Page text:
Can India follow in the footsteps of its neighbor and regain such dizzying heights? That certainly seems to be the goal, with Prime Minister Modi confirming in August his goal of making India a developed nation within 25 years. “Hundreds of years of colonialism have restricted our feelings, distorted our thoughts. When we see even the smallest thing related to colonialism in us or around us, we have to get rid of it,” Modi added, noting that India should crush the “termite” of corruption and nepotism and follow a mantra “India first” and furthermore, India’s independence “is the responsibility of every citizen, every government, every unit of society”.

From a historical point of view, therefore, becoming the fifth economy should only be a stepping stone – albeit a welcome one – on the way to realizing much higher ambitions. Exactly where it will be in, say, 10 or 20 years from now should perhaps not be as relevant as ensuring that it can build a robust economy that works for all of its vast population and thus incentivizes its hundreds of millions of poor citizens to escape poverty. This will not only improve the quality of economic growth generated by India in the coming years, but will also provide a dividend to the economy to maximize its unlimited potential.

For some analysts, it is a question of avoiding the pitfalls of neoliberalism, to which many Western economies – and many non-Western ones – have succumbed, only increasing inequalities to extreme degrees while policies favoring Accumulation of private wealth above all was adopted from the start. 1980s. “We now know that…the Reagan-Thatcher revolution…was the starting point for a staggering increase in inequality within countries that continues to this day,” observes the “World Inequality Report 2022”. “When state control was (successfully) relaxed in countries like China and India to allow for private sector-led growth, the same ideology was invoked to justify not caring about inequality. , with the result that India is now one of the most unequal countries in the world. world (based on this report) and China is likely to get there soon.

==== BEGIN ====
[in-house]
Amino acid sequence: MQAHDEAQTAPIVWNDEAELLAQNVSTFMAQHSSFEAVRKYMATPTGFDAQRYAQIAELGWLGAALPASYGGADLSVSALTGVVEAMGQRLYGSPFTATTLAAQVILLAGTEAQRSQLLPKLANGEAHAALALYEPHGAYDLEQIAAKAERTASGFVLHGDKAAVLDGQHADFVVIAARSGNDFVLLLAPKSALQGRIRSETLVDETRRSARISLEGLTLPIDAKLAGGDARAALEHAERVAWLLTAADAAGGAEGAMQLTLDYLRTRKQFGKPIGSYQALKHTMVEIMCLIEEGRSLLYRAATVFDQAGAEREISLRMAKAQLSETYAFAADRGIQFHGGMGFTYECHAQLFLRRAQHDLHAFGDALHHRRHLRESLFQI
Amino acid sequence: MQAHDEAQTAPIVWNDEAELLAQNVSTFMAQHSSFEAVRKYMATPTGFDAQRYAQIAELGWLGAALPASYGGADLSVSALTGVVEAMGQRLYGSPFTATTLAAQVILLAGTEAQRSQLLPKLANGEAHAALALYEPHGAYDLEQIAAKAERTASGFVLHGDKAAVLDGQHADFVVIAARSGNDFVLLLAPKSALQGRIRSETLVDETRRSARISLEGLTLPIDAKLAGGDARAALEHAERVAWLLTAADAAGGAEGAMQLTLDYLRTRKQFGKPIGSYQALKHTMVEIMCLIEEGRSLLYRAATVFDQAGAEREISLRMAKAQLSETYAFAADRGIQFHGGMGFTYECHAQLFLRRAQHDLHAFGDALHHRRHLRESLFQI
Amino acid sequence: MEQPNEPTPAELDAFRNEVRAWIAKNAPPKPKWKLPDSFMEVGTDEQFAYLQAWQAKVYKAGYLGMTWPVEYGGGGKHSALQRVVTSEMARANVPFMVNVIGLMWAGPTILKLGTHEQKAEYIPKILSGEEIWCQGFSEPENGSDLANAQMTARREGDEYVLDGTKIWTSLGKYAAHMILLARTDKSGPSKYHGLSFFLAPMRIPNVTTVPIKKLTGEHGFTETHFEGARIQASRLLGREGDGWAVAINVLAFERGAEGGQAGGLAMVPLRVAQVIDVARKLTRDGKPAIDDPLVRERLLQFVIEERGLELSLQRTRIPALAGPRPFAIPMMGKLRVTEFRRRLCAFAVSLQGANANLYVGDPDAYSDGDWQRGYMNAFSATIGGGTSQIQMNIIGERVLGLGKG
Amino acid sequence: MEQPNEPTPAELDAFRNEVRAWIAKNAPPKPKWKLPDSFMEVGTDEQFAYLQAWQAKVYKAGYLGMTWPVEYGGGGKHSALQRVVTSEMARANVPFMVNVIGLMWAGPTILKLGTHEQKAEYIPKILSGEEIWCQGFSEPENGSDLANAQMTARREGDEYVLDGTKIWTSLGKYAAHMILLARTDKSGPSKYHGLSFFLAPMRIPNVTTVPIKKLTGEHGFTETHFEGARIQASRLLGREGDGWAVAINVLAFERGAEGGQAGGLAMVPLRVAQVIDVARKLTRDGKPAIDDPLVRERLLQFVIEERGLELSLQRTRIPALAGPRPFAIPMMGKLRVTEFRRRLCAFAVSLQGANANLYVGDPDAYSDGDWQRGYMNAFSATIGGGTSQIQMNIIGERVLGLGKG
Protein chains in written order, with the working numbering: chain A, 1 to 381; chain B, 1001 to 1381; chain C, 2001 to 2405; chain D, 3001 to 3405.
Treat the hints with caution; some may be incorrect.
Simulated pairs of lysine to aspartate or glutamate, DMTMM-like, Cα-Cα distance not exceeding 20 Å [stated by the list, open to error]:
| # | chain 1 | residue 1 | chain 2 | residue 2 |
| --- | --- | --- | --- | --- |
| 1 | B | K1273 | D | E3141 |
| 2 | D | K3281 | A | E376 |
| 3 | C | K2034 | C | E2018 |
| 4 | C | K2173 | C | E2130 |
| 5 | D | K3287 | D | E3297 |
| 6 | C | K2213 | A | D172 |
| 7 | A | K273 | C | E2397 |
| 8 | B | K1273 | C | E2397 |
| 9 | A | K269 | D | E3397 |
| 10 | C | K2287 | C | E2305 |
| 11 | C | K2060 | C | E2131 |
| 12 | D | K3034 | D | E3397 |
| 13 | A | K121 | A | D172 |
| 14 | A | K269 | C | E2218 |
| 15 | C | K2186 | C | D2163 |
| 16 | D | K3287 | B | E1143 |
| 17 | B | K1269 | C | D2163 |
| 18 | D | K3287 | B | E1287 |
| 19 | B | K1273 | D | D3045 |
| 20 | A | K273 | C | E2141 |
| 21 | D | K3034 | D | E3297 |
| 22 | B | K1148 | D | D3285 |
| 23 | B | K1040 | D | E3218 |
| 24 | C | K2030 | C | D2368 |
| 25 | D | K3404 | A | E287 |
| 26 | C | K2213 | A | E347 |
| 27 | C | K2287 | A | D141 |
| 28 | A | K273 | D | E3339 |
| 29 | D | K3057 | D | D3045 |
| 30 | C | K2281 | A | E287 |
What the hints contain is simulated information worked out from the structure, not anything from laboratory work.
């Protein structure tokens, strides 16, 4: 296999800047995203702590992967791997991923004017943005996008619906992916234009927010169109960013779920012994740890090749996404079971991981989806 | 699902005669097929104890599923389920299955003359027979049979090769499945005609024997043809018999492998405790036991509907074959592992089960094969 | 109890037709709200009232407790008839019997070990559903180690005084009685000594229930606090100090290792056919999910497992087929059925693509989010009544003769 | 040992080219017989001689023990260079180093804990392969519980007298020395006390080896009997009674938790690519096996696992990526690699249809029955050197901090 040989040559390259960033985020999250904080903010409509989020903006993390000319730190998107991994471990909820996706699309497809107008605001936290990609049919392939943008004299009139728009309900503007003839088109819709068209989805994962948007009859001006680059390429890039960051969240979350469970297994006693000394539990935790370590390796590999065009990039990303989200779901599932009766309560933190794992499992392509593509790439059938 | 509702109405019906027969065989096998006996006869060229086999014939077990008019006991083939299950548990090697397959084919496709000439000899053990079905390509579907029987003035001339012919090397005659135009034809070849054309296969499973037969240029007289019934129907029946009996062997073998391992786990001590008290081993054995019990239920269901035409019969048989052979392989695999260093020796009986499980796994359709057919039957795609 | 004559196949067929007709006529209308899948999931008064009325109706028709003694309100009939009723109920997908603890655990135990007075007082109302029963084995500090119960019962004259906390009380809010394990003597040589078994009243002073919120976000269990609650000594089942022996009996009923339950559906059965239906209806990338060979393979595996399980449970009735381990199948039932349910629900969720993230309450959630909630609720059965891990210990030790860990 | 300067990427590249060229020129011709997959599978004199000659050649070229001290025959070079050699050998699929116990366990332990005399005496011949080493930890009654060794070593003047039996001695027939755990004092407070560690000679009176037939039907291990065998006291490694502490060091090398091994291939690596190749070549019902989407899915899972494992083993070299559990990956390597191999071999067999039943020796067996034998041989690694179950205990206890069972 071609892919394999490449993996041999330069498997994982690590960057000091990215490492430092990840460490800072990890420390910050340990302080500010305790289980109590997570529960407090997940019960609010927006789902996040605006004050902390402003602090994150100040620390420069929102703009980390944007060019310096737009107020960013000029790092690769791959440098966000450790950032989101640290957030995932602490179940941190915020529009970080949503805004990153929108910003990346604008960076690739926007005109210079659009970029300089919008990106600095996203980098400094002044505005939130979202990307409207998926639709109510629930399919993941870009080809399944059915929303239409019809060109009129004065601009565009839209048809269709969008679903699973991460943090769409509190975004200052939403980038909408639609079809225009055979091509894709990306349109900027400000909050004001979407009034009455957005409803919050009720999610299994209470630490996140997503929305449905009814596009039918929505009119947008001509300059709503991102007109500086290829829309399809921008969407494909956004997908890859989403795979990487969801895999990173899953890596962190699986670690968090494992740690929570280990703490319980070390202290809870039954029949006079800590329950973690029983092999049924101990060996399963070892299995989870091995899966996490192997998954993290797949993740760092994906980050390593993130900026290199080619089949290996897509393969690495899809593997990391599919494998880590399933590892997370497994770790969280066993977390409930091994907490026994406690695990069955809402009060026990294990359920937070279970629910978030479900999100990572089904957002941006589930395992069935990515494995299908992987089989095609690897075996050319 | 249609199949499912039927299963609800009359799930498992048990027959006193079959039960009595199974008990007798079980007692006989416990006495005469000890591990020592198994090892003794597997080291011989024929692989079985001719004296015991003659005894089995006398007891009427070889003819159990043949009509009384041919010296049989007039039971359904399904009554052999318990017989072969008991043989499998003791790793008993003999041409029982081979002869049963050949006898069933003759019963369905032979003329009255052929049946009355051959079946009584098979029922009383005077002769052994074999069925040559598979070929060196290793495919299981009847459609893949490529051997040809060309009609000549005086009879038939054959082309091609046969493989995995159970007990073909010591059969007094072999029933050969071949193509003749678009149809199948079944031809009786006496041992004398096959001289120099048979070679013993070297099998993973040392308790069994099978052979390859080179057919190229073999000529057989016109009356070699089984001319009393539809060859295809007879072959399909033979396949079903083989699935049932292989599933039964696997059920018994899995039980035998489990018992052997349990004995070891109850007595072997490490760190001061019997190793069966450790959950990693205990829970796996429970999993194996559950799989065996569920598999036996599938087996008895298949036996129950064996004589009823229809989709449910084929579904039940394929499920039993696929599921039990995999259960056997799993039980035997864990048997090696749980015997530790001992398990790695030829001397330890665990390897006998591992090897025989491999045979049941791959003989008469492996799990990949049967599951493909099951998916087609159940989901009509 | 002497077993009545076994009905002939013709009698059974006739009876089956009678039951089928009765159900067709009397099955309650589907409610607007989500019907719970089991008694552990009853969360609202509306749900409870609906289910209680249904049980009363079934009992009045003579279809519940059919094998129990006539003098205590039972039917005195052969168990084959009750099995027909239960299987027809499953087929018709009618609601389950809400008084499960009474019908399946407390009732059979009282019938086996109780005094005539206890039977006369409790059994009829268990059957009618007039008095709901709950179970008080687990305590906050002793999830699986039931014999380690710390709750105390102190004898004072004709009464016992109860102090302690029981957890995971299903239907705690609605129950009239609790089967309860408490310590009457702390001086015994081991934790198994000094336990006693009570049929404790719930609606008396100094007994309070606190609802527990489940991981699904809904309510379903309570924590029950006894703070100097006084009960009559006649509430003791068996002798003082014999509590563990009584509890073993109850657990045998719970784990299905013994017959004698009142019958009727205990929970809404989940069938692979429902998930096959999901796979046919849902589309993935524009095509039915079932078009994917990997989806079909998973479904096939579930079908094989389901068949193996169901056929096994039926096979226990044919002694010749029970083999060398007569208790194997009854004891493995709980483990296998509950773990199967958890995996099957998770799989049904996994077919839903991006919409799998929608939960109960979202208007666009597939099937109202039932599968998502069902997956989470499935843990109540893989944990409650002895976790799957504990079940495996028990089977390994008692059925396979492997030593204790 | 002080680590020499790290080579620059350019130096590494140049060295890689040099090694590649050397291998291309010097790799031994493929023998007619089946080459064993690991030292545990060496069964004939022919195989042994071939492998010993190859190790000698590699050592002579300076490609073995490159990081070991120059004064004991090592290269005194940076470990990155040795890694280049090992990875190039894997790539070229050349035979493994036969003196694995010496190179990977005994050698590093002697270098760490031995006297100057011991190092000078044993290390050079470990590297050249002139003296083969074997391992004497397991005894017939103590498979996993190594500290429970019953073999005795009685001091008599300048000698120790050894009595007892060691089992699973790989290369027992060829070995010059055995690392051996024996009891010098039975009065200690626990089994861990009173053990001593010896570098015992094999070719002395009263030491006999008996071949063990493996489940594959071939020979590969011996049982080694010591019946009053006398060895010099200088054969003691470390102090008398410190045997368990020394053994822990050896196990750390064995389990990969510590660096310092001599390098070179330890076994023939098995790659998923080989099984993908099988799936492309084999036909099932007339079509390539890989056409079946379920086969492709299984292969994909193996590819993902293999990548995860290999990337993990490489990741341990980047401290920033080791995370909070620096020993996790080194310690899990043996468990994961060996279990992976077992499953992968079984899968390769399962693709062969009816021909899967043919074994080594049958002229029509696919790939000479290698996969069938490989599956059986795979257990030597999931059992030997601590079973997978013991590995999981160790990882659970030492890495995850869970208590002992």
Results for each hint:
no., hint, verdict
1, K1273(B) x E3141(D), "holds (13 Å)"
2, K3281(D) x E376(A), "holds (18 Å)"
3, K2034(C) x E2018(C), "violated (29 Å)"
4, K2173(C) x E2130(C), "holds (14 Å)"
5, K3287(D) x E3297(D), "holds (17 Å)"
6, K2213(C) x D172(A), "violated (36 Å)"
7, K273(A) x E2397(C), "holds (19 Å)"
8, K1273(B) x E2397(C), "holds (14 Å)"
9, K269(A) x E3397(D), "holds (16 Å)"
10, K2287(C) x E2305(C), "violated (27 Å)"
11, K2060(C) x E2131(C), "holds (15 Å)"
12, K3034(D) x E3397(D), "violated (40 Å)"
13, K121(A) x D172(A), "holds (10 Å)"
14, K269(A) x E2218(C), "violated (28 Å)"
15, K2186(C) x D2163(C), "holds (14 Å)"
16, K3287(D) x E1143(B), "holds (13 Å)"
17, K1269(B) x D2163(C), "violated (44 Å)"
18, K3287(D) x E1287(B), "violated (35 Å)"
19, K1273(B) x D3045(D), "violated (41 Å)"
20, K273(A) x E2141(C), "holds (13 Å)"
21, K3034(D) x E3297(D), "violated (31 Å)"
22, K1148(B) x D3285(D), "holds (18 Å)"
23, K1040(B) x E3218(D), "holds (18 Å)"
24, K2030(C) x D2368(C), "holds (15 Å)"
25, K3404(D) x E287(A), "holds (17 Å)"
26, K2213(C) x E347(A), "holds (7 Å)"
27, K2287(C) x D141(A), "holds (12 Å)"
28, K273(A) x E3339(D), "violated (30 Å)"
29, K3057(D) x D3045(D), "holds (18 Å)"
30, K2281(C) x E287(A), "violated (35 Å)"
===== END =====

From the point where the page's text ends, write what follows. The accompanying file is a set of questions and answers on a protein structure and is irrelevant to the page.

Nonetheless, given the marvelous feats China has done in recent years to lift hundreds of millions of its own citizens out of poverty, many believe India should try to replicate some of the policies its Asian superpower has adopted. According to a recent World Bank report, China lifted 765 million people out of extreme poverty between 1978 and 2019; he said he eradicated extreme poverty in 2019; his life expectancy at birth has increased from 66 years in 1978 to 77 years in 2019; and its infant mortality rate fell from 52 per thousand children in 1978 to just 6.8 in 2019 and 2018; it’s about 2 million people [20 million] lifted out of abject poverty every year for four decades,” an October 11 article from the news publication The Indian Express declared.

India may not have the structural flexibility or indeed the political appetite to attempt to replicate China’s measures, which have led to phenomenal economic transformation over the past 40 years. But it can always divert more resources to turn its millions of poverty-stricken citizens into a crucial combined engine of growth. To India’s credit, such policies are being pursued. Modi recently noted that as many as 30 million houses “have been built by the government across the country for the poor over the past eight years”. But it seems increasingly clear that deep political changes are needed to prevent India from succumbing to the pressure to prioritize the market economy at the expense of its people.